1)  Recipient corporate shareholder receiving dividend boot can obtain dividends received deduction (under §243(a)).

2)  FMV basis for the asset received by shareholder as dividend boot.

3) Shareholder receiving realized gain is

required to recognize that gain to extent of boot

and (for corporate recipient) to include that boot

amount in its E&P.

 

 

Acquiring Corporation Consequences - Stock Deal

P. 448.   What tax basis result to a Acquirer when receiving stock from the “seller” shareholders in exchange for Acquirer stock?  In a "B" reorganization (or a reverse triangular merger) - take shareholders’ tax bases for stock exchanged.

Sampling is acceptable to determine the stock basis of the “selling” shareholders if Target has multiple shareholders.  Rev. Proc. 81-70, as amplified by Rev. Proc. 2011-35 re using statistical analysis.

Acquiring Corporation -Triangular Reorganization

What if issuance by the sub of parent corp.’s stock – does this constitute a transfer of appreciated property by the sub to the target shareholders?  No.

What is the tax basis to the parent for the target stock received in a triangular reorganization (i.e., merger of (i) target into sub, or (ii) sub into target)?

Not the basis of the stock of subsidiary (often zero). Rather - treat as (i) an asset acquisition, and (ii) an asset drop down into sub.  Reg.§1.358-6(c)(1)& (2).

 

Problem 1(a)               p.450
Merger “A” Reorganization

Each shareholder receives (1) 4,000 shares ($40,000 FMV) of voting common stock and (2) nonvoting (not nonqualified) preferred stock worth $10,000.

1) Nontaxable - solely “stock for stock.”  §354(a).

2) Substituted basis. §358(a)(1) - $20,000 total basis;

Common - 16,000;  preferred - 4,000

3) Tacked holding period.  §1223(1).

4) Preferred stock & §306 stock. §306(c)(1)(B).  Even if received in a merger?  Yes.  But, §306(b)(4)?

continued

 

Problem 1(a), cont.     p.450
Merger “A” Reorganization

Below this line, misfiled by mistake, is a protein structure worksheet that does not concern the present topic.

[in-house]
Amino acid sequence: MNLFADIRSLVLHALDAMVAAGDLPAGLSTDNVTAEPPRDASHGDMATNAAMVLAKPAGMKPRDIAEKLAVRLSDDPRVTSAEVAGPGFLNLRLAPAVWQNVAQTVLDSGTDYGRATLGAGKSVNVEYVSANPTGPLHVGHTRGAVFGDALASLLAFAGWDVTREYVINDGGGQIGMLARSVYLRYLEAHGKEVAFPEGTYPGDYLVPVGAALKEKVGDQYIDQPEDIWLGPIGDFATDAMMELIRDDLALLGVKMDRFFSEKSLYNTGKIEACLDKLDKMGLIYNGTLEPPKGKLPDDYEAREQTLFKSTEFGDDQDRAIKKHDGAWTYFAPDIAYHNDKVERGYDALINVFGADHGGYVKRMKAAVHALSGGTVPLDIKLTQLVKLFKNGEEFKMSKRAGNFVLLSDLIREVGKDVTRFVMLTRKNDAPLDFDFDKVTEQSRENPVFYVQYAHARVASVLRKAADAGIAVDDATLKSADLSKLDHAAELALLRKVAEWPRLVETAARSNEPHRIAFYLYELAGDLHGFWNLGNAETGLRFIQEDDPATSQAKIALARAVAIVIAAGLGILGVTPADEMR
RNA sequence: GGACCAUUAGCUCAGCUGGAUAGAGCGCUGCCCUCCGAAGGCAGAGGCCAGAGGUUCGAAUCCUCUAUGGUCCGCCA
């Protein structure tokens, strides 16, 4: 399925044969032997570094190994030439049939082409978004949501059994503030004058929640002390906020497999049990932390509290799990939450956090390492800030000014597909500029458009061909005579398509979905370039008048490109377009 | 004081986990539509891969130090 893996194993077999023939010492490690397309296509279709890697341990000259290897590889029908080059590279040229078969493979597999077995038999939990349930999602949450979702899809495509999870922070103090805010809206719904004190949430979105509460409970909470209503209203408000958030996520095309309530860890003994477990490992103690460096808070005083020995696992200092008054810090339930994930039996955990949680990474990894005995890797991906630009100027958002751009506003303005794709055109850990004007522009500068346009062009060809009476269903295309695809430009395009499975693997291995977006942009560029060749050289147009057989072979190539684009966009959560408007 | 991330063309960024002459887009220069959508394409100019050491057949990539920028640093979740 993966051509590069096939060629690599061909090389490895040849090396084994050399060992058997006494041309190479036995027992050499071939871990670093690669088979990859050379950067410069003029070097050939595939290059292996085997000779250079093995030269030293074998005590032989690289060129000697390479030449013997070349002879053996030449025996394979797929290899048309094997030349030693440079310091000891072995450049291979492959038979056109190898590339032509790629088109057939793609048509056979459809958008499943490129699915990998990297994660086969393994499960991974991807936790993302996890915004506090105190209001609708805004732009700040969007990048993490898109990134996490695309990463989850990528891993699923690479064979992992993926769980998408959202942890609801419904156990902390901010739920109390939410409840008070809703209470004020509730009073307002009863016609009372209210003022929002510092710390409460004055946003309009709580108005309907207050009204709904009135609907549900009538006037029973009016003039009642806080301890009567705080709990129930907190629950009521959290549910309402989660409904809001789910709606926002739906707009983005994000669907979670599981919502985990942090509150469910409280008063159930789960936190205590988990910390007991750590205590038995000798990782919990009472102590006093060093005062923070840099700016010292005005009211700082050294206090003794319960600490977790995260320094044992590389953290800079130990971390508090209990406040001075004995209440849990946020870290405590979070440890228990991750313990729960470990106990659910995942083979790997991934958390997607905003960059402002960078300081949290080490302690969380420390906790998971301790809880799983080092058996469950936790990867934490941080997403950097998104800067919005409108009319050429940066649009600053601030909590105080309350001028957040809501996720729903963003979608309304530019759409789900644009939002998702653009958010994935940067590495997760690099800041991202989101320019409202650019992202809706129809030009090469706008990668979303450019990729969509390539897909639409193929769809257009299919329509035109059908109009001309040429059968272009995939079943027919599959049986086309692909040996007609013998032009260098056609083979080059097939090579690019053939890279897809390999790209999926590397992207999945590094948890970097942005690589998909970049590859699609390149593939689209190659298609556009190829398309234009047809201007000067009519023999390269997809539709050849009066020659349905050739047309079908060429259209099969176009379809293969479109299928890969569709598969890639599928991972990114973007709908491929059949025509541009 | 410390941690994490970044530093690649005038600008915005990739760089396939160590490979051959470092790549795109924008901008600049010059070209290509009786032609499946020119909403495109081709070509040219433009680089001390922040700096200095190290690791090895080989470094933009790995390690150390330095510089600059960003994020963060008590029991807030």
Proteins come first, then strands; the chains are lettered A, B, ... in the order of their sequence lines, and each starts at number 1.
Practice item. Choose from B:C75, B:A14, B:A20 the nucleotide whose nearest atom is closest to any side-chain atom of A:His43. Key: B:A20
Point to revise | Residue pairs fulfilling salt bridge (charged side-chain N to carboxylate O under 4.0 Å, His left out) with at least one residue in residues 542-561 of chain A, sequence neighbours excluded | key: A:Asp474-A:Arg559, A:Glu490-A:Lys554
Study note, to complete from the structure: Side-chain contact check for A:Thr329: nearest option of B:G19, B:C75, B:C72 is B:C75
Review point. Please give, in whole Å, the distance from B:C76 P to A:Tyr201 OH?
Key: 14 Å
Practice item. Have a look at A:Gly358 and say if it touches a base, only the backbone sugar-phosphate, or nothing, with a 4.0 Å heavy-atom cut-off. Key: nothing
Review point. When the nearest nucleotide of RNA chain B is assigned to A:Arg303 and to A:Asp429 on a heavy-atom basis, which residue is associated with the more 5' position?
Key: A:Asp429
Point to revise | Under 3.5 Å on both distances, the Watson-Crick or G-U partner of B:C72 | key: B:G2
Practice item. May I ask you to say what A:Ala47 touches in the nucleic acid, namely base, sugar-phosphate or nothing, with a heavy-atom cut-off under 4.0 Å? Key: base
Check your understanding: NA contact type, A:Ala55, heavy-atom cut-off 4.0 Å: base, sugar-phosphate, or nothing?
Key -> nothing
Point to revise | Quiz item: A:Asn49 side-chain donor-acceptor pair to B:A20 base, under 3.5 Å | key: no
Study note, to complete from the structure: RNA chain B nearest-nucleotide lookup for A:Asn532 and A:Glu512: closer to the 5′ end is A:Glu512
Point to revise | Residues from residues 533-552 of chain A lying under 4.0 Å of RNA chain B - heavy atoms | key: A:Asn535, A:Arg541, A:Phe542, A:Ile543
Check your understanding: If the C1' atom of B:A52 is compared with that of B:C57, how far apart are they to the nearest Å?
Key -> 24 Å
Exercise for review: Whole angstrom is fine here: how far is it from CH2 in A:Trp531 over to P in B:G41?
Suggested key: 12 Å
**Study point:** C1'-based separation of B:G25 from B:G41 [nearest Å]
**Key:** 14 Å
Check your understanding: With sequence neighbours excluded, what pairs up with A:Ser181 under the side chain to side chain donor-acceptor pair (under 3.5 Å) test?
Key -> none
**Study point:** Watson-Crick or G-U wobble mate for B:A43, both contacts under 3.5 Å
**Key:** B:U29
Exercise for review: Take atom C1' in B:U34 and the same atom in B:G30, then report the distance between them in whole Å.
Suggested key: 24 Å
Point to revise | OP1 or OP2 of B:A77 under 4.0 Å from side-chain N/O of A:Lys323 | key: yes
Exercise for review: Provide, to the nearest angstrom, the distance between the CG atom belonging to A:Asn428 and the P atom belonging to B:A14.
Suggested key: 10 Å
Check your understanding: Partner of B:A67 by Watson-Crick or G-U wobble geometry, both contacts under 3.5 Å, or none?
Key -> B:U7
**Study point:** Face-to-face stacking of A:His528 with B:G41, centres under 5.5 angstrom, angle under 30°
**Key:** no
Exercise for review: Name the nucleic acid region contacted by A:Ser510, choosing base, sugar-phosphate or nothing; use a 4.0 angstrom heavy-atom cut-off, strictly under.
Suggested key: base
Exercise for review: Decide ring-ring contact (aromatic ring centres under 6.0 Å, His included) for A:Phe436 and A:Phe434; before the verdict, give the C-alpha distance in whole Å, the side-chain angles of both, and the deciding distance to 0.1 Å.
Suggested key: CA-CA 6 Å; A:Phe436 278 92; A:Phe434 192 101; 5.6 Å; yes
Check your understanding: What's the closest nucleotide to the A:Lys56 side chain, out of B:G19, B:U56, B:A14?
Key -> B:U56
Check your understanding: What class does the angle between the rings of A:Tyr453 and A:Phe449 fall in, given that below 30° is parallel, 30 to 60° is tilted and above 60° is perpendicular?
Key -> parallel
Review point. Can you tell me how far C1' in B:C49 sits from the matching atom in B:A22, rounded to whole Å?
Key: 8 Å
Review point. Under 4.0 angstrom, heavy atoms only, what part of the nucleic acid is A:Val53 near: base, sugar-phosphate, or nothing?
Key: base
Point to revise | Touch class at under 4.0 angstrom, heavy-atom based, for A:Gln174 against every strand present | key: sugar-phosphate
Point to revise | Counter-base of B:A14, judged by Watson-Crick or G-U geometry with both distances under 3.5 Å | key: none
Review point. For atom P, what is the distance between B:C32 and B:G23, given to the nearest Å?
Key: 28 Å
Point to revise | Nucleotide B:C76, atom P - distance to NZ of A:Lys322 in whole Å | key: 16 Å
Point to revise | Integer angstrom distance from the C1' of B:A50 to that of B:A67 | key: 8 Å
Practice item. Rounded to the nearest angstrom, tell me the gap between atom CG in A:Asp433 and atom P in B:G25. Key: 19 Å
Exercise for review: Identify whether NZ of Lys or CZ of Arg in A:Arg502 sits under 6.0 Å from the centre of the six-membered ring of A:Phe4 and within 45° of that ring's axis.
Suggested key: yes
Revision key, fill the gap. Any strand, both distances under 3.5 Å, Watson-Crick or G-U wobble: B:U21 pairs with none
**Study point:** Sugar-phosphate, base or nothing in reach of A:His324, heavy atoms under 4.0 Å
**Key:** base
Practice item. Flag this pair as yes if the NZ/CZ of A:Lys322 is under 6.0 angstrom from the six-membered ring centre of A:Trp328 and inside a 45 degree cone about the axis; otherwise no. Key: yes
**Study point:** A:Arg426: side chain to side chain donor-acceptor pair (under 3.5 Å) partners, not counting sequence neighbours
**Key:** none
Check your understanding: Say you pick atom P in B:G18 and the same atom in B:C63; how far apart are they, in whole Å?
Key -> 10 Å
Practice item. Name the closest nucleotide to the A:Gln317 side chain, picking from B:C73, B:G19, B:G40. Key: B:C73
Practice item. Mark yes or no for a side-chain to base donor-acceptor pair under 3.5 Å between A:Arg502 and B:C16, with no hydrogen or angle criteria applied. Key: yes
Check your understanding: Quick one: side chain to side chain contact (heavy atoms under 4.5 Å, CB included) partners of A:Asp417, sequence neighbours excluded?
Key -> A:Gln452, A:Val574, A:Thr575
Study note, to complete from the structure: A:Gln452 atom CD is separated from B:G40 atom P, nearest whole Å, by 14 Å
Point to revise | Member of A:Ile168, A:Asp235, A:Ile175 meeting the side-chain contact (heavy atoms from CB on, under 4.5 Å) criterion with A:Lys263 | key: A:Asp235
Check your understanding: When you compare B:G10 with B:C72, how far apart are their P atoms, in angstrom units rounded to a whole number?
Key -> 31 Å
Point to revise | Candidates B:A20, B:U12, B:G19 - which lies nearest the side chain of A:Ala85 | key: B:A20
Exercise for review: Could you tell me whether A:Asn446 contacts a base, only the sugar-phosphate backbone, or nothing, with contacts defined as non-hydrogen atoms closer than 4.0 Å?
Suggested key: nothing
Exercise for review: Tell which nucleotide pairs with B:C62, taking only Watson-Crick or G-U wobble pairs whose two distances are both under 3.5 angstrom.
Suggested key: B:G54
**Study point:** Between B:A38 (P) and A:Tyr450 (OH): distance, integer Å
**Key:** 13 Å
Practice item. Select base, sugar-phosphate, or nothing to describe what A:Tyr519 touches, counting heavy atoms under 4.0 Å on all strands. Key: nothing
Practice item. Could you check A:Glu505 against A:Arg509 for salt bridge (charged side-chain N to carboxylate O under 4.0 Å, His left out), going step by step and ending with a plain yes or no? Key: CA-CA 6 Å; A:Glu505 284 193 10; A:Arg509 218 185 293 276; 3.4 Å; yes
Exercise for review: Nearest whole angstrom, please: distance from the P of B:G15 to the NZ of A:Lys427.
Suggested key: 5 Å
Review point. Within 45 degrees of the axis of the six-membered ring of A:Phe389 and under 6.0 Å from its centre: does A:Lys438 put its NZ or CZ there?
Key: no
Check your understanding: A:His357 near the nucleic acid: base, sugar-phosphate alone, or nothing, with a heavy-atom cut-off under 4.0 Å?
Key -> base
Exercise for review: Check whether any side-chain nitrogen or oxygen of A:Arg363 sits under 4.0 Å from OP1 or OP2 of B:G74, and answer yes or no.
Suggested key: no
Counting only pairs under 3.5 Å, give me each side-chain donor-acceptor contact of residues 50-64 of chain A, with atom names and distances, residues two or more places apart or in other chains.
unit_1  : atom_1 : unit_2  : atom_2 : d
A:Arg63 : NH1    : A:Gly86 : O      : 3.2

Target’s merger into P – no gain on the transfer of Target’s assets in the merger.  T’s e&p (and other tax attributes) go to Acquirer (P).  §361(a) & §381(a).

 

Acquirer (P) takes assets with (1) a $300,000 transferred basis and (2) a tacked holding period for those assets.  §362(b) & 1223(2).

 

 

Problem 1(b)               p.450 Note & Not Stock Received

Shareholder receives (1) 4,000 voting common stock plus (2) a 20 year $10,000 interest bearing note (rather than the preferred stock).

$10,000 gain is to be recognized as boot; effect of a dividend distribution?  Necessitates a Clark case analysis re §302(b)(2) redemption status eligibility.

Treatment as if (1) each shareholder received 5,000 shares and (2) subsequently transformed his/her 1,000 shares into the $10,000 note.            continued

Problem 1(b)        continued
Note & Stock Received

1)  Each shareholder before the deemed redemption: 

5,000 shares = $50,000  (1,000 shares are “boot”).

550,000 shares equals .909 shareholder percentage.

2)  After redemption:

4,000   (actual shares retained by each shareholder)

540,000  equals  .741 percent.

3) but, 80% times .909% equals .727% , and

the §302(b)(2) test is not satisfied.  But, is §302(b)(1) (“not essentially equivalent”) test applicable?

 

Problem 1(b)        continued
Note & Stock Received

T shareholders:  If the gain is capital gain – possibility of deferral of gain recognition under installment sales rules (§453), unless the notes are issued for publically traded stock.

 

Results for Acquirer (P) and T:  Same as Problem 1(a), except if the boot gain is a dividend, then reduction of E&P by $100,000 to zero.  Therefore, then no transfer of E&P to Acquirer.

Problem 1(c)               p.450
Notes to Two Shareholders

Two shareholders receive notes - $100,000. 

The remaining shareholders receive voting common stock worth $400,000.

1)  Shareholders receiving solely voting stock:

Non-recognition under §354(a)(1). Tacked holding.

$20,000 substituted basis under §358(a)(1).

2) Shareholders receiving solely securities. No §354.

Not boot, since no non-recognition property  is                                                                                   received. Treated as §302 redemptions & §453.